Wall Street analysts are paid to be bullish, so such severe downgrades suggest serious concerns about corporate profits. Sales estimates have also been downgraded.
Investors should file these worries alongside those already visible in the markets. Bond yields are down amid weak price pressures, suggesting a softer economy. Cyclical shares sensitive to economic growth have been underperforming, too, while defensive shares best able to ride out bad times now look expensive.
Contrarians may see all these concerns as a reason to buy, at least into riskier cyclical stocks. After all, lower profit forecasts make it easier for companies to beat expectations.
On the other hand, lower forecasts also make shares look more expensive on the popular measure of price to forward earnings. Investors of a sensitive nature might want to avoid checking their portfolios on their new iPhones.
After nearly six years of a surging U.S. stock market, investors are worried about how much longer it will last. Suddenly, the views of the negative Nancys are getting a lot of attention.
The bears build their case that a crisis is near on four factors: falling oil prices, stagnant wages, the “two-edged sword” of a strong US dollar and big trouble abroad.
“Earnings and economic activity are actually weakening, not strengthening,” says James Abate, chief investment officer at Centre Asset Management, which manages over $8 billion. “The growth outlook, to us, is deteriorating.” (…)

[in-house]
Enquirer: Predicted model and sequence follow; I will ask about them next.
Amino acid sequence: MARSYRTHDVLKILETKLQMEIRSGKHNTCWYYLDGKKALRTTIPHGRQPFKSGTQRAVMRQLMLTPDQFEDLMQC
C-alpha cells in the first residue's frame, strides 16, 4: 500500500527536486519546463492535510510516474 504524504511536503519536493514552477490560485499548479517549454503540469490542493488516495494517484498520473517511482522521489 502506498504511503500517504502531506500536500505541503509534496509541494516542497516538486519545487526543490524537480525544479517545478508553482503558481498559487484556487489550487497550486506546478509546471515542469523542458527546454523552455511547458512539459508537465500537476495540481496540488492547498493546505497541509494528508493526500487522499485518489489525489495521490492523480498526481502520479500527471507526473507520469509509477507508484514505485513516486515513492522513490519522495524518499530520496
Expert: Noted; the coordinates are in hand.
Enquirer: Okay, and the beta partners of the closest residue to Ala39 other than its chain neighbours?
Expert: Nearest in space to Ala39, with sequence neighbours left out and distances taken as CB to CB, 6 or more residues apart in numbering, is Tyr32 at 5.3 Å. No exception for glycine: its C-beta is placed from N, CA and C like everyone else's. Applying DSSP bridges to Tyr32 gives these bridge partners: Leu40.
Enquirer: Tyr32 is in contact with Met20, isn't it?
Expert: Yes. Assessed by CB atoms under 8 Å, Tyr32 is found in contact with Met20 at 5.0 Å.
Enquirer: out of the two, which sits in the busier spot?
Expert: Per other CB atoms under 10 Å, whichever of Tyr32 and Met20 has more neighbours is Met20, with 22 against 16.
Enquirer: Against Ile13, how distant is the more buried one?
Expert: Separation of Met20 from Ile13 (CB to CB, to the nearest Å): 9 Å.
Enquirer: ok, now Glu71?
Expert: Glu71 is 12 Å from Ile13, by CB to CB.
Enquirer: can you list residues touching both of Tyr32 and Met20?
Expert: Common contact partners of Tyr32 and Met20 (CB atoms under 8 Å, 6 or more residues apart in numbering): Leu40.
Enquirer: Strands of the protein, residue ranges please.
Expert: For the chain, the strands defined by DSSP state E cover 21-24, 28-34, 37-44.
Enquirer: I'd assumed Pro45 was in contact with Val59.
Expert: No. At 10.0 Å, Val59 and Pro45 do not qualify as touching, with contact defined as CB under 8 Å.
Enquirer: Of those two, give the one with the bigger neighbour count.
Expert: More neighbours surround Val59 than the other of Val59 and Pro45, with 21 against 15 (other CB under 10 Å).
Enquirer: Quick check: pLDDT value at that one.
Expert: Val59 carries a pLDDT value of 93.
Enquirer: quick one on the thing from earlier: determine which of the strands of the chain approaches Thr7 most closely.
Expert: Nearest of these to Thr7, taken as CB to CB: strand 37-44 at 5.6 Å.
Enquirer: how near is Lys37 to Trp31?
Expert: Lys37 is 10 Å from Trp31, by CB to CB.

Let’s look at the facts:
As of last night, 159 companies (46.3% of the S&P 500’s market cap) have reported. So far, EPS ex-energy are seen up 8.0% (7.7% yesterday). Total S&P 500 EPS are seen up 4.6% (4.4% yesterday) excluding the likelihood of continued beats. So far, they are beating by 4.4% (4.2%). Revenues ex-energy are up seen 4.0%.
As to Apple’s impact, consider that EPS growth is now forecast at 6.9% for Consumer Discretionary, 10.5% for Industrials, 19.0% for Health Care.
Two-Tier Economy Reshapes Marketplace The advance of wealthy households, while middle- and lower-income Americans struggle, is reshaping markets for everything from housing to clothing to beer.
Excellent article worth reading. A few extracts:
“It’s a tale of two economies,” said Glenn Kelman, chief executive of Redfin, a real-estate brokerage in Seattle that operates in 25 states. “There is a high-end market that is absolutely booming. And then there’s everyone in the middle class. They don’t have much hope of wage growth.” (…)
For the first time, U.S. builders last year sold slightly more homes priced above $400,000 than those below $200,000. As a result, the median price of new homes exceeded $280,000, a record in nominal terms and 2% shy of the 2006 inflation-adjusted peak. (…)
But rentals, the low-end of the housing market, are booming. Apartment construction has neared its fastest pace since 1989. (…)
Since 2009, average per household spending among the top 5% of U.S. income earners—adjusting for inflation—climbed 12% through 2012, the most recent data available. Over the same period, spending by all others fell 1% per household, according to Mr. Cynamon, a visiting scholar at the bank’s Center for Household Financial Stability, and Steven Fazzari of Washington University in St. Louis, who published their research findings last year. (…)
The trend hit auto makers some years ago, when BMW AG ’s former chief executive Helmut Panke described the U.S. market as an hourglass: lots of demand for budget and luxury brands but little in between. (…)